LOOKING TO PRAISE AND WORSHIP JESUS THE CHRIST, THE SON OF THE LIVING GOD. 18 No man has ever seen God at any time; the only unique Son, or the only begotten God, Who is in the bosom [in the intimate presence] of the Father, He has declared Him [He has revealed Him and brought Him out where He can be seen; He has interpreted Him and He has made Him known].

Monday, August 21, 2006

The Carnal Mind is Enmity Against God pt.2 Spurgeon

A few years ago a star was seen blazing out with considerable brilliance but soon disappeared. It has since been affirmed that it was a world on fire, thousands of millions of miles from us and yet the rays of the conflagration reached us. The noiseless messenger of light gave to the distant dwellers on this globe the alarm of, “A world on fire!” But what is the conflagration of a distant planet, what is the destruction of the mere material of the most ponderous orb compared with this Fall of humanity, this wreck of all that is holy and sacred in ourselves? To us, indeed, the things are scarcely comparable, since we are deeply interested in one, though not in the other.

The Fall of Adam was OUR fall. We fell in and with him. We were equal sufferers. It is the ruin of our own house that we lament. It is the destruction of our own city that we bemoan when we stand and see written in lines too plain for us to mistake their meaning, “The carnal mind”—that very self-same mind which was once holiness and has now become carnal—is enmity against God.” May God help me this morning to solemnly prefer this indictment against you all! Oh, that the Holy Spirit may so convince us of sin that we may unanimously plead “guilty” before God.

There is no difficulty in understanding my text—it needs scarcely any explanation. We all know that the word “carnal” here signifies fleshly. The old translators rendered the passage thus—“The mind of the flesh is enmity against God.” That is to say, the natural mind—that soul which we inherit from our fathers—that which was born within us when our bodies were fashioned by God. The fleshly mind, the phronema sarkos, the lusts, the passions of the soul. It is this which has gone astray from God and become enmity against Him.

But before we enter upon a discussion of the doctrine of the text, observe how strongly the Apostle expresses it. “The carnal mind,” He says, “it is ENMITY against God.” He uses a noun and not an adjective. He does not say it is opposed to God merely, but it is positive enmity. It is not black, but blackness. It is not at enmity, but enmity itself. It is not corrupt, but corruption. It is not rebellious, it is rebellion—it is not wicked, it is wickedness itself. The heart, though it is deceitful, is positively deceit. It is evil in the concrete, sin in the essence. It is the distillation, the quintessence of all things that are vile. It is not envious against God, it is envy. It is not at enmity, it is actual enmity.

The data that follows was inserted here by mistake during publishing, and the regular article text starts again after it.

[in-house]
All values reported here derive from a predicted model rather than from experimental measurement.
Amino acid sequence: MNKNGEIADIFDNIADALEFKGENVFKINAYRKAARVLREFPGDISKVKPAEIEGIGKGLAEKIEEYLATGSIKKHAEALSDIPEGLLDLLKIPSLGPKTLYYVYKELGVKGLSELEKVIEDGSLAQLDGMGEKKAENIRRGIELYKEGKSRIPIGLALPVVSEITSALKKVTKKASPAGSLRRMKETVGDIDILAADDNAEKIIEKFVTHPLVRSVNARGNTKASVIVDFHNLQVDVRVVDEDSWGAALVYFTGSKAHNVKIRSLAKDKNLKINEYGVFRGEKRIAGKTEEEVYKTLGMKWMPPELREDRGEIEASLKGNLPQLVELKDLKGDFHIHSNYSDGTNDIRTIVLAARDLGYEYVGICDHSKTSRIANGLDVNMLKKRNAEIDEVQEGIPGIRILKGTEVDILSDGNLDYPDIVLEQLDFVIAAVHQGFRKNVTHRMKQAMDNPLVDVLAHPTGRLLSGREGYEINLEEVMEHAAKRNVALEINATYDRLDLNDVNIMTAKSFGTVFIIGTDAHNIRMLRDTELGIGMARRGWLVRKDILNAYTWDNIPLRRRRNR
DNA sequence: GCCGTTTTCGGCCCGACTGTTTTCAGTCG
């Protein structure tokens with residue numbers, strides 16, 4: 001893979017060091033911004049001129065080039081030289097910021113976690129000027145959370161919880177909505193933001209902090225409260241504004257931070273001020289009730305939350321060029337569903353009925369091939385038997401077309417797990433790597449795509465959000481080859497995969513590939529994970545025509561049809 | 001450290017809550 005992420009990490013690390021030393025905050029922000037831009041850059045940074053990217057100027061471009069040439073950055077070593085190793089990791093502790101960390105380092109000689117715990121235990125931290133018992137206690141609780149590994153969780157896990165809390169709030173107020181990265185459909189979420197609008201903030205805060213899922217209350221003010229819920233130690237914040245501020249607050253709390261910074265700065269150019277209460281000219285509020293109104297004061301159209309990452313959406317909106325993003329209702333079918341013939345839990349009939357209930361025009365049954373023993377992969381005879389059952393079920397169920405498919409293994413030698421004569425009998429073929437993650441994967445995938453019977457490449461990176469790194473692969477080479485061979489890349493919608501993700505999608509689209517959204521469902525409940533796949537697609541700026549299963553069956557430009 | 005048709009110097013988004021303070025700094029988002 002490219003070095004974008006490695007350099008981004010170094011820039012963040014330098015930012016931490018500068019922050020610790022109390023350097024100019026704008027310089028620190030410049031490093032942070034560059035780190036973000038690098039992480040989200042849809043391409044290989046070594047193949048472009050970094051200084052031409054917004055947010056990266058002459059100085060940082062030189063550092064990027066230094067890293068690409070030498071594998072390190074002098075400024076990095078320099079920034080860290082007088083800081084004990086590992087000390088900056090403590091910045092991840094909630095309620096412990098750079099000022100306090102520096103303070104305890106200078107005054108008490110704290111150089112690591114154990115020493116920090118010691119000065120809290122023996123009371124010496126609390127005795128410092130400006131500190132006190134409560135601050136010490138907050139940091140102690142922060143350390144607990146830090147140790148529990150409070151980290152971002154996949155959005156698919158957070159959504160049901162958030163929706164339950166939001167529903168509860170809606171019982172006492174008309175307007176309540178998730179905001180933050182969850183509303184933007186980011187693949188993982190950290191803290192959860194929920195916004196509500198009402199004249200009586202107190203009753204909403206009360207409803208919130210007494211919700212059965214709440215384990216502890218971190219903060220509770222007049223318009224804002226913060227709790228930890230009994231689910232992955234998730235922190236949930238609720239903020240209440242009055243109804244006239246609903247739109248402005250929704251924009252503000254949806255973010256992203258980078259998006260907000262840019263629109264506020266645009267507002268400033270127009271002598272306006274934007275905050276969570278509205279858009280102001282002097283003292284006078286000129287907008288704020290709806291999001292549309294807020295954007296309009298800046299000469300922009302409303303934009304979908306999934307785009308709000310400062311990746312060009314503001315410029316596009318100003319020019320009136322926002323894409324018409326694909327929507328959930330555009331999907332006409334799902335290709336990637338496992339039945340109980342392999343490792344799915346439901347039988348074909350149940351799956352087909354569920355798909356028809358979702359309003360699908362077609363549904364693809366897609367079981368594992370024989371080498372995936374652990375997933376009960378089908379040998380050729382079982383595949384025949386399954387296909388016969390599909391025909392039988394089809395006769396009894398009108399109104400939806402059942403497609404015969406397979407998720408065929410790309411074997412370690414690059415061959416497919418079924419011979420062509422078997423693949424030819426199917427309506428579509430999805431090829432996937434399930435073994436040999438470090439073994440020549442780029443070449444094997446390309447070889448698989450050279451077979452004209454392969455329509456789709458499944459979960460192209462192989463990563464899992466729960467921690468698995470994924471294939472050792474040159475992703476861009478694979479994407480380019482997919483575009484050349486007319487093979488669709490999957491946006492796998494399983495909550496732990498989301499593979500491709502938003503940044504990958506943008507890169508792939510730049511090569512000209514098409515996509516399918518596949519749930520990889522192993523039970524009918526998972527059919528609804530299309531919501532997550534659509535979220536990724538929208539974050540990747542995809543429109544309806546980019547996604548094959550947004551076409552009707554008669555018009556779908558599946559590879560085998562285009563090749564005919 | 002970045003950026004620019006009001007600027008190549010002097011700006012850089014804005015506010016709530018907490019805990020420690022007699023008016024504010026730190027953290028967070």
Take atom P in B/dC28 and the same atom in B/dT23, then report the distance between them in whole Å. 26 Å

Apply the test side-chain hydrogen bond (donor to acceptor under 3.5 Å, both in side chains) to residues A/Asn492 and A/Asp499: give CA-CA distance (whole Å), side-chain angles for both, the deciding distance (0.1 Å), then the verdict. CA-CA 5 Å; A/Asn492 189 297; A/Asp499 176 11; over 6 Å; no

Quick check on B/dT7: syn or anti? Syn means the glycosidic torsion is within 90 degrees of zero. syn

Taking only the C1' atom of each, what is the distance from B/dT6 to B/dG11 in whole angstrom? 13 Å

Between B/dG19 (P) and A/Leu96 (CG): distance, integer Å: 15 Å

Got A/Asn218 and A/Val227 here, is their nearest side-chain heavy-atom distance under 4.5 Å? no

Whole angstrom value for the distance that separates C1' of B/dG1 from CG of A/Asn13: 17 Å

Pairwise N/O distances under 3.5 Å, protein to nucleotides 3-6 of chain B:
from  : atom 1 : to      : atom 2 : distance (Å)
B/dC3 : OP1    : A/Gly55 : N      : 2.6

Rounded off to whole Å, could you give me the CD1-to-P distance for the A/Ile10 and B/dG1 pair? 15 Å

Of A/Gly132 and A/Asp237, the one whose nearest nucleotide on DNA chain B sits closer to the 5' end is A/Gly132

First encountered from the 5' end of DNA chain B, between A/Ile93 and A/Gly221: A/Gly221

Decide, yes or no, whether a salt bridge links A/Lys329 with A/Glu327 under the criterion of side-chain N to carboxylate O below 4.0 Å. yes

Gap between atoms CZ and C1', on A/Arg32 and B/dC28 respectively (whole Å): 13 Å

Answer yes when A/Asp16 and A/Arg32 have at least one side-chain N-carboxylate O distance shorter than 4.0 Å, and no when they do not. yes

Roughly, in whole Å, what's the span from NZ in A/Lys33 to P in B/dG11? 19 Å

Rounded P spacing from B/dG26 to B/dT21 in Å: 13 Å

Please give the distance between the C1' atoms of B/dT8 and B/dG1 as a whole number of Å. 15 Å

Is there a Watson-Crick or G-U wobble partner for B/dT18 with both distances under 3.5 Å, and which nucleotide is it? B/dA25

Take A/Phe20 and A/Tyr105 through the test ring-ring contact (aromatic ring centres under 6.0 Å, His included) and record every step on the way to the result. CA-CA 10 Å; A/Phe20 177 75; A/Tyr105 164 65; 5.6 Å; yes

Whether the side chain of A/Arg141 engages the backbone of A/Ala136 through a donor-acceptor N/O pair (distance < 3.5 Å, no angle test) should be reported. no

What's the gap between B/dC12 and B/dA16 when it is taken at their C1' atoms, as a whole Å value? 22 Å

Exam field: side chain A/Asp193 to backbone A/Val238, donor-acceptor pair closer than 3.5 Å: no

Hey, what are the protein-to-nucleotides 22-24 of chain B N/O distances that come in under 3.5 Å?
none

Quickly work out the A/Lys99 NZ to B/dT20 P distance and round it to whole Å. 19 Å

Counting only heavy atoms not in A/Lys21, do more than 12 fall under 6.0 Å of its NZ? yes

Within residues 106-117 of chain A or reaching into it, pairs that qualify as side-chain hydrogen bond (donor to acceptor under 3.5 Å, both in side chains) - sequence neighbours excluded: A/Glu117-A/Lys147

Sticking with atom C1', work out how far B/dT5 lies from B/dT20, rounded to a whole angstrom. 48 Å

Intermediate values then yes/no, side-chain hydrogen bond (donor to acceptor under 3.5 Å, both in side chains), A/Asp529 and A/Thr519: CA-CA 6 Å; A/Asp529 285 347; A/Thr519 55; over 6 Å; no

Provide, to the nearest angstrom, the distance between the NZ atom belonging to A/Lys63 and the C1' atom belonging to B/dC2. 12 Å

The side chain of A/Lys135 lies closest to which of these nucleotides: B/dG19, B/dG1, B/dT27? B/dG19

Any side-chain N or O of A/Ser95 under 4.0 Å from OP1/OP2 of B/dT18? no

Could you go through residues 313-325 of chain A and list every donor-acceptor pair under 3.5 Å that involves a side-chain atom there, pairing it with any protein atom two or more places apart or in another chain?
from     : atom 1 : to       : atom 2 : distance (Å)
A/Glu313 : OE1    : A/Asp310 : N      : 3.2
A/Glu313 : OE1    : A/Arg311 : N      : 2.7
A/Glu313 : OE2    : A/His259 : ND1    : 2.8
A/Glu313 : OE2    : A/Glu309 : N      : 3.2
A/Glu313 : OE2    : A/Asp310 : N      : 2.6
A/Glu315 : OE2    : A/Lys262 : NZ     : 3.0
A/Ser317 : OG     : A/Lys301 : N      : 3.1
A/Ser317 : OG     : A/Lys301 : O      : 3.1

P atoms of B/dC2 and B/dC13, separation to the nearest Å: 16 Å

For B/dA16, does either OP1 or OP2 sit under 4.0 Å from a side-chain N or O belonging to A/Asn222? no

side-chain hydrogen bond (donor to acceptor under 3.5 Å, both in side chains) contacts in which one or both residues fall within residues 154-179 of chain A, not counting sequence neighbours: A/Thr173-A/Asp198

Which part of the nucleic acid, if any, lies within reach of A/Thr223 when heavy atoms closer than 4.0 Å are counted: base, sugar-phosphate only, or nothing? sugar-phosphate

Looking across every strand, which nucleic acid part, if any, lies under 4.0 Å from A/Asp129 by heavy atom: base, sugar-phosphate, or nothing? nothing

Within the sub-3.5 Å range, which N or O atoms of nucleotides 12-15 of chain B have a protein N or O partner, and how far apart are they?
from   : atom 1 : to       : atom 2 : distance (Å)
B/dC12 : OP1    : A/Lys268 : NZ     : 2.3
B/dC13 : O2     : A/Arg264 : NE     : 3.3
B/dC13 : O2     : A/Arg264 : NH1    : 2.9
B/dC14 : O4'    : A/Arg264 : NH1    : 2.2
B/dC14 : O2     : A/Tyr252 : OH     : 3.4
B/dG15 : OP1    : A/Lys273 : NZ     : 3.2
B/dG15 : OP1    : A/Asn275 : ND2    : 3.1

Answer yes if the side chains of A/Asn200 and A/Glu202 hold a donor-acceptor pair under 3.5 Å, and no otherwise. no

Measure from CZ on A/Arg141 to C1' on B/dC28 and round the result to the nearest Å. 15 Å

Nor need we say a word to explain that it is “enmity against God.” It does not charge manhood with an aversion merely to the dominion, laws, or doctrines of Jehovah. It strikes a deeper and surer blow. It does not strike man upon the head but it penetrates into his heart. It lays the axe at the root of the tree and pronounces man “enmity against God.”

Against the Person of the Godhead, against the Deity, against the mighty Maker of this World—not at enmity against His Bible or against His Gospel—though that is true, but against God Himself. Against His essence, His existence and His Person. Let us, then, weigh the words of the text, for they are solemn words. They are well put together by that master of eloquence, Paul. They were, moreover, dictated by the Holy Spirit, who tells man how to speak aright. May He help us to expound, as He has already given us the passage to explain.

We shall be called upon to notice, this morning, first, the truthfulness of this assertion. Secondly, the universality of the evil here complained of. Thirdly, we will still further enter into the depths of the subject and press it to your hearts, by showing the enormity of the evil. And after that, should we have time, we will deduce one or two doctrines from the general fact.

5 Comments:

Blogger bluecollar said...

Please go visit the Spurgeon Archive mid way down my blogroll.

August 21, 2006 11:02 AM

 
Blogger jazzycat said...

Mark,
Thanks for these Sprugeon posts. What a way with words he had. He takes a clear text and illustrates it like an artist creating a classic painting.
Jazzy

August 22, 2006 10:35 AM

 
Blogger Daniel said...

As I read Spurgeon I fall in love with the God behind the text all over again.

August 22, 2006 12:02 PM

 
Blogger bluecollar said...

Jazzycat, Daniel: I am honored by both of your visits.

August 22, 2006 12:15 PM

 
Blogger Daniel said...

I don't get around as much as I would like - but I am always pleased to come.

August 24, 2006 2:29 PM

 

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